During the service, Rev. Fred Graham asked me to come to the front of the church, and he read the following: "The Scriptures are filled with stories of people who have been called to move to new places: Abraham and Sarah, Mary and Joseph, Paul and Barnabas, Priscilla and Aquilla. Filled with uncertainty about what lay ahead, these people of God could not have found their moves easy. Yet they were also filled with excitement, trusting that God was calling them and guiding them to a new place. And now you, our beloved friend, are preparing to leave us and go to a new place, a new home, and a new church. As a part of this body of Christ over the past years, you have given of yourself in ways that we have appreciated and will miss. We ask God's blessing upon you as we lift our hearts in prayer."  After the service, many church friends came up to me to say goodbye and wish me well, many of whom I have known since I joined Eastminster 30 years ago.

After church, some of my dog park friends - Jeff, Julie and Jen - took me out to lunch at Woody's. We have known each other for many years of walking our dogs at area dog parks - at MSU Ag Expo where we first met, and then at Rose Lake and Soldans Park at Hawk Island.  During the years we've known each other, we've mourned the passing of our old dogs - Kita, Snickers, Coda - and enjoyed getting to know our new dogs - Sadie, Sam, Dora and Sola.  Sam and Sadie are getting greyer now (but then, so are Jeff, Julie, Jen and I...), marking the passing years of our long friendship.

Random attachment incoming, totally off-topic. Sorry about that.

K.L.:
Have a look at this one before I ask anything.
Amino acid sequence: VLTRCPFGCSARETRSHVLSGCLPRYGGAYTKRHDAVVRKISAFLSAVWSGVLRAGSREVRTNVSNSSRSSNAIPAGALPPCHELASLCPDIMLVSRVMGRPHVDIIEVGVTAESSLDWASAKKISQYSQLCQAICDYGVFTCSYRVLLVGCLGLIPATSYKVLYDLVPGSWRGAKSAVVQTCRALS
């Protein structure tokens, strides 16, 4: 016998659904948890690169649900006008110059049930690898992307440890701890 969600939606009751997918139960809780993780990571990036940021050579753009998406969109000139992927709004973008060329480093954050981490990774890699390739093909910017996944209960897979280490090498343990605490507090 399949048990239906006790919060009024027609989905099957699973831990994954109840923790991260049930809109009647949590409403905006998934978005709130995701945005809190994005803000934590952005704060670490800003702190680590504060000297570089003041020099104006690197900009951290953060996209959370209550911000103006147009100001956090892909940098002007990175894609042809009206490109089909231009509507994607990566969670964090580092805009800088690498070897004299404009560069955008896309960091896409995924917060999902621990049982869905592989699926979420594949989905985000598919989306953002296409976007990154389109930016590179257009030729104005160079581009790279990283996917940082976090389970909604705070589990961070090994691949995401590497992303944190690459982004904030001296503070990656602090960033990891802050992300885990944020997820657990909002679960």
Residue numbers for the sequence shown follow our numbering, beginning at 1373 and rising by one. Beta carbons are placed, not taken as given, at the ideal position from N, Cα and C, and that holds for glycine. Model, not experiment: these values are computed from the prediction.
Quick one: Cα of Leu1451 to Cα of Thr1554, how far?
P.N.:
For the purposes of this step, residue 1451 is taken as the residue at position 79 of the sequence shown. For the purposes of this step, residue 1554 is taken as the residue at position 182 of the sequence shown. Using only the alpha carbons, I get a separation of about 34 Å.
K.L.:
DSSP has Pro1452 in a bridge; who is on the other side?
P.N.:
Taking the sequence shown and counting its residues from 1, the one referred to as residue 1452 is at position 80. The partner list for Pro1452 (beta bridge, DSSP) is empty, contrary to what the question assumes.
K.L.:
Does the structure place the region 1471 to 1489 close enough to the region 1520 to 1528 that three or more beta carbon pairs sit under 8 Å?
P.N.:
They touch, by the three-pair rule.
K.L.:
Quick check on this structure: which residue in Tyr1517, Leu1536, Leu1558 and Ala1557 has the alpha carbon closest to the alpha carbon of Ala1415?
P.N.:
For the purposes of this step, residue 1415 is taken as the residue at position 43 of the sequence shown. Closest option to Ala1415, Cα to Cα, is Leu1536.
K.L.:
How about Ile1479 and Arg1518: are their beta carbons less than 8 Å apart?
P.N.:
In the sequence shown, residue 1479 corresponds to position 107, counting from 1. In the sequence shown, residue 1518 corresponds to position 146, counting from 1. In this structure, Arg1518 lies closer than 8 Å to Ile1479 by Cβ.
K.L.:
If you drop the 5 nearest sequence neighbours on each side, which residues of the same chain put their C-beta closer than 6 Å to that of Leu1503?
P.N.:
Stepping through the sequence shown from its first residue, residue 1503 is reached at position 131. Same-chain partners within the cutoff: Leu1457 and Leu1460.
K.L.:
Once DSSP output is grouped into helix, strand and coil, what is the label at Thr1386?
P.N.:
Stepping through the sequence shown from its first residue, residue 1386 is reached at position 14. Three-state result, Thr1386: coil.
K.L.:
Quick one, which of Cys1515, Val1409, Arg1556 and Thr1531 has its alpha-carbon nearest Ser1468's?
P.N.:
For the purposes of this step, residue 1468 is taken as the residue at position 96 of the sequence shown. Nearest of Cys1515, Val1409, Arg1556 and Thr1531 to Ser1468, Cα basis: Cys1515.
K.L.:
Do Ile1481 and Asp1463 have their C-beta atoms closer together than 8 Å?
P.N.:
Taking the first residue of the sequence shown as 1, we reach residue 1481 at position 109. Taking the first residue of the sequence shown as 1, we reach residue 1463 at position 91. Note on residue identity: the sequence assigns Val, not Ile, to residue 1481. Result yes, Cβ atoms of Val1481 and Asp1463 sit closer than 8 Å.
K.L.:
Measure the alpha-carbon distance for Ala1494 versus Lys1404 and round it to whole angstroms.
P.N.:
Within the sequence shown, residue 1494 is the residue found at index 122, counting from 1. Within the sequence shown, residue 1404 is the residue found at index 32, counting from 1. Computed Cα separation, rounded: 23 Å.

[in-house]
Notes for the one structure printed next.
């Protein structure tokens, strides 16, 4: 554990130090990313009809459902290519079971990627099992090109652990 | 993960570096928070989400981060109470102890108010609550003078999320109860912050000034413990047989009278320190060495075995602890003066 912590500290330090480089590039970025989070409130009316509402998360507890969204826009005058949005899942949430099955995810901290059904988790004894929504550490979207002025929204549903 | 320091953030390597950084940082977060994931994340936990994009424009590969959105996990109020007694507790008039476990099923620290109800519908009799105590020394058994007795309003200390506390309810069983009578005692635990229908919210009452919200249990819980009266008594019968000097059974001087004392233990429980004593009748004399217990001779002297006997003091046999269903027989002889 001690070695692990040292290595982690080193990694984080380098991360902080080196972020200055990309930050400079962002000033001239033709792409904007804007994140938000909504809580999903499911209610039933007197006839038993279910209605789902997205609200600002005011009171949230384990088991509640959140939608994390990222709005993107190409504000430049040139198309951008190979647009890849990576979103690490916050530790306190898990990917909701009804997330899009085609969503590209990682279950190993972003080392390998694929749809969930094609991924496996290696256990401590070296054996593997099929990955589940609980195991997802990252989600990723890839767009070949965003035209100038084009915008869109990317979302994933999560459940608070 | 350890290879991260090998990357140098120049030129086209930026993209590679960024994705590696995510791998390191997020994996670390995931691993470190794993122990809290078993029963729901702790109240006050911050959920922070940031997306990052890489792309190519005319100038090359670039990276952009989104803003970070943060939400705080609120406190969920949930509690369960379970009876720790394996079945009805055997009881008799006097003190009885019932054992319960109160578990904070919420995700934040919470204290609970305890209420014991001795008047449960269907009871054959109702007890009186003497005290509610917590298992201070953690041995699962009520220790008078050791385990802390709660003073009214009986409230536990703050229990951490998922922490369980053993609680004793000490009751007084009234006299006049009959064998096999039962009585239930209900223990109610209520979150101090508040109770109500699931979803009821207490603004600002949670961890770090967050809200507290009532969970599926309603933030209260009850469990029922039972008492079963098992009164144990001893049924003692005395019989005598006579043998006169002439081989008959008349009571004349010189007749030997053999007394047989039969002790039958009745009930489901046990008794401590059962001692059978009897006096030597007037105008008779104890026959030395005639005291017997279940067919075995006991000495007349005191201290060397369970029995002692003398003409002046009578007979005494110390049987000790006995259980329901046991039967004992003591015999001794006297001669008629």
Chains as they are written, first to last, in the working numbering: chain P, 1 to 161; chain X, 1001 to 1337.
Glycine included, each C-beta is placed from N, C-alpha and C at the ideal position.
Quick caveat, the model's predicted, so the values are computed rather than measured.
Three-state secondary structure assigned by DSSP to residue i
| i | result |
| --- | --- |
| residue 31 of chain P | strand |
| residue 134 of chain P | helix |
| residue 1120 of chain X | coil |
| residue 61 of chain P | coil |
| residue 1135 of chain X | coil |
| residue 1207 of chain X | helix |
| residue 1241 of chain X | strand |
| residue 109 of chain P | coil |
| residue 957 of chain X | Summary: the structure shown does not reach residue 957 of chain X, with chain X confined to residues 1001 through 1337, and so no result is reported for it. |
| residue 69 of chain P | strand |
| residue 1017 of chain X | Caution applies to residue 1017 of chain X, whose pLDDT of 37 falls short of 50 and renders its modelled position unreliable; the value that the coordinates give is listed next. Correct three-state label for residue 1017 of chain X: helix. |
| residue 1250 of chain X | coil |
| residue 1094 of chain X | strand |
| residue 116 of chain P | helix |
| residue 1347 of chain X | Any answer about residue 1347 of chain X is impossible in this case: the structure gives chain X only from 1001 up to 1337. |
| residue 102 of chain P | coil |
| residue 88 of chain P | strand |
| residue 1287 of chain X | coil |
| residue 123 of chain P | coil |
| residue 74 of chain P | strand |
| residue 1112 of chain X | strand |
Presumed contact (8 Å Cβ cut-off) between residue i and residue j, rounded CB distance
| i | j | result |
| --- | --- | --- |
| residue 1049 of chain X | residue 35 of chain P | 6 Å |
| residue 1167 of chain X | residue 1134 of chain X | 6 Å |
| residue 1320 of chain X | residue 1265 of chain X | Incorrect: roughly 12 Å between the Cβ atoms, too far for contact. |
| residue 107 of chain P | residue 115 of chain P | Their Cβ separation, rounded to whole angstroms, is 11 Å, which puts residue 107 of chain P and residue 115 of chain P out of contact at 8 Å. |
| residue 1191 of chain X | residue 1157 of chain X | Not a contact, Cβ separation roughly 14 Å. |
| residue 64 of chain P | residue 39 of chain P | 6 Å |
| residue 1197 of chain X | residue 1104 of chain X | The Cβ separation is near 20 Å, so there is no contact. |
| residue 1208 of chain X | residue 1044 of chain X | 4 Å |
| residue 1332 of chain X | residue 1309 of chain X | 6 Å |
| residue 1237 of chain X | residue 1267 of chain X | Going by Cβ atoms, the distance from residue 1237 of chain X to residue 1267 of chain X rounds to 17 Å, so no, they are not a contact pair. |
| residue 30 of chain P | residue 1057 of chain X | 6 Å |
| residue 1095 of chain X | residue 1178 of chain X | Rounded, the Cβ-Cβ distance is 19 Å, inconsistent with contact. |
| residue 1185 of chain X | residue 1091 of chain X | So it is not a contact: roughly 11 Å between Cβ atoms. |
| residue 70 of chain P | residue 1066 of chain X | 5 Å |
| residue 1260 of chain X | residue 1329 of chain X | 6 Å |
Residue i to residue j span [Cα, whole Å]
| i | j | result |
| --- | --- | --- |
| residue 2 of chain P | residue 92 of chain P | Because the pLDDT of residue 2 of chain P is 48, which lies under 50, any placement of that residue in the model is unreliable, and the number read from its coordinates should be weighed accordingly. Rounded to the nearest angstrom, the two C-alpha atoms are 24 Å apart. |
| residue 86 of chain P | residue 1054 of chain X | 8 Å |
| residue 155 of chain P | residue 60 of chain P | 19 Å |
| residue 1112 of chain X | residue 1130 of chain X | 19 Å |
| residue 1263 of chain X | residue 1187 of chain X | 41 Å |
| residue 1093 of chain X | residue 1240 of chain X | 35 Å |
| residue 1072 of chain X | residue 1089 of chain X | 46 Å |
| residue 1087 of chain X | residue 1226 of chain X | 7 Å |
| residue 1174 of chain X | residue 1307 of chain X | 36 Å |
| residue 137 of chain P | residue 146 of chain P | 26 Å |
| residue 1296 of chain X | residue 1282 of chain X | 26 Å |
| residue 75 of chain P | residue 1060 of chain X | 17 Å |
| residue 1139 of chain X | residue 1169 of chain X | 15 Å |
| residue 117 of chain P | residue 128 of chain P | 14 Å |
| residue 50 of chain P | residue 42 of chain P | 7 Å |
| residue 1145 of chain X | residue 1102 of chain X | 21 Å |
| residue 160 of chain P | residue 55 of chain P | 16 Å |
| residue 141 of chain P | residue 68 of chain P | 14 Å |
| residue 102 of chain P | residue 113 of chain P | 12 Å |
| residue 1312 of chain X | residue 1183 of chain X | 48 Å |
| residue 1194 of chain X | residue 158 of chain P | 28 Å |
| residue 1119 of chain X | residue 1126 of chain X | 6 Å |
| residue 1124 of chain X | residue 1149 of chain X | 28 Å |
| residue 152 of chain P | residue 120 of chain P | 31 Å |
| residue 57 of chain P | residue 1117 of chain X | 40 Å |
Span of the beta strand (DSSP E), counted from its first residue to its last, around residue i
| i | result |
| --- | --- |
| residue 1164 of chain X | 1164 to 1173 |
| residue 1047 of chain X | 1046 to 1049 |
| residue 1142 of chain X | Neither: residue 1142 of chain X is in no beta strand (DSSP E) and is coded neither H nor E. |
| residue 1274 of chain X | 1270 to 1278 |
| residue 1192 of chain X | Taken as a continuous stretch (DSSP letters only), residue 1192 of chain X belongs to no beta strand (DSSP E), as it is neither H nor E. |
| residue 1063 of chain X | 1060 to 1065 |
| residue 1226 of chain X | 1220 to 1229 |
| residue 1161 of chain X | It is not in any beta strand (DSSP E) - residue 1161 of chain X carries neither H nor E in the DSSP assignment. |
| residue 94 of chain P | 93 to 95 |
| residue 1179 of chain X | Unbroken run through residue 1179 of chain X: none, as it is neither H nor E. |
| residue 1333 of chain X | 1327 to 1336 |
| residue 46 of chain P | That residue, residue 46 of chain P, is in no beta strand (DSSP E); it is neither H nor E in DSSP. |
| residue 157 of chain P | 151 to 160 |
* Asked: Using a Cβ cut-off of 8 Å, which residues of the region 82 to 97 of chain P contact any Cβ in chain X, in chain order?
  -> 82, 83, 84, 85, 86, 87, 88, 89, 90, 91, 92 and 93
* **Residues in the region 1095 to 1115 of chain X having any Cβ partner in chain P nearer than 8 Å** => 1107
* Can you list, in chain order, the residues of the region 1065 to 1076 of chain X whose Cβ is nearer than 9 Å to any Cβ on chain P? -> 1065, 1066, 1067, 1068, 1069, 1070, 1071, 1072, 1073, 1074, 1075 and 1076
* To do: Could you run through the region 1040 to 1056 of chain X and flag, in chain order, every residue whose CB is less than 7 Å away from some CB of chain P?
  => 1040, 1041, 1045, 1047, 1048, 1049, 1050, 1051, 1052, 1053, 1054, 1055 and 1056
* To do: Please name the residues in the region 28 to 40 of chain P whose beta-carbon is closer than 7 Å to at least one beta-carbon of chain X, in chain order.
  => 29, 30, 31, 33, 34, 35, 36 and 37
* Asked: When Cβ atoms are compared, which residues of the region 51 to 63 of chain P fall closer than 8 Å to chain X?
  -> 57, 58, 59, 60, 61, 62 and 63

With both groups - my church and the dog park - I arrived at both many years knowing no one and not anticipating the friendships that would arise from both.  Soon I got to know people at my church through shared activities - serving and cooking for Advent House, Deacons, bell choir, and other fellowship and mission activities. At the dog park, our dogs "self-selected" their friends, and we humans followed their lead and started walking together.  The best days were at Ag Expo when Sadie, Sam and Coda ran uphill and down - our Three Musketeers - while the rest of plodded behind with the slower dogs.  Looking back, I'm overwhelmed by the serendipity of getting to know these church and dog people who became my friends and have been important in my life.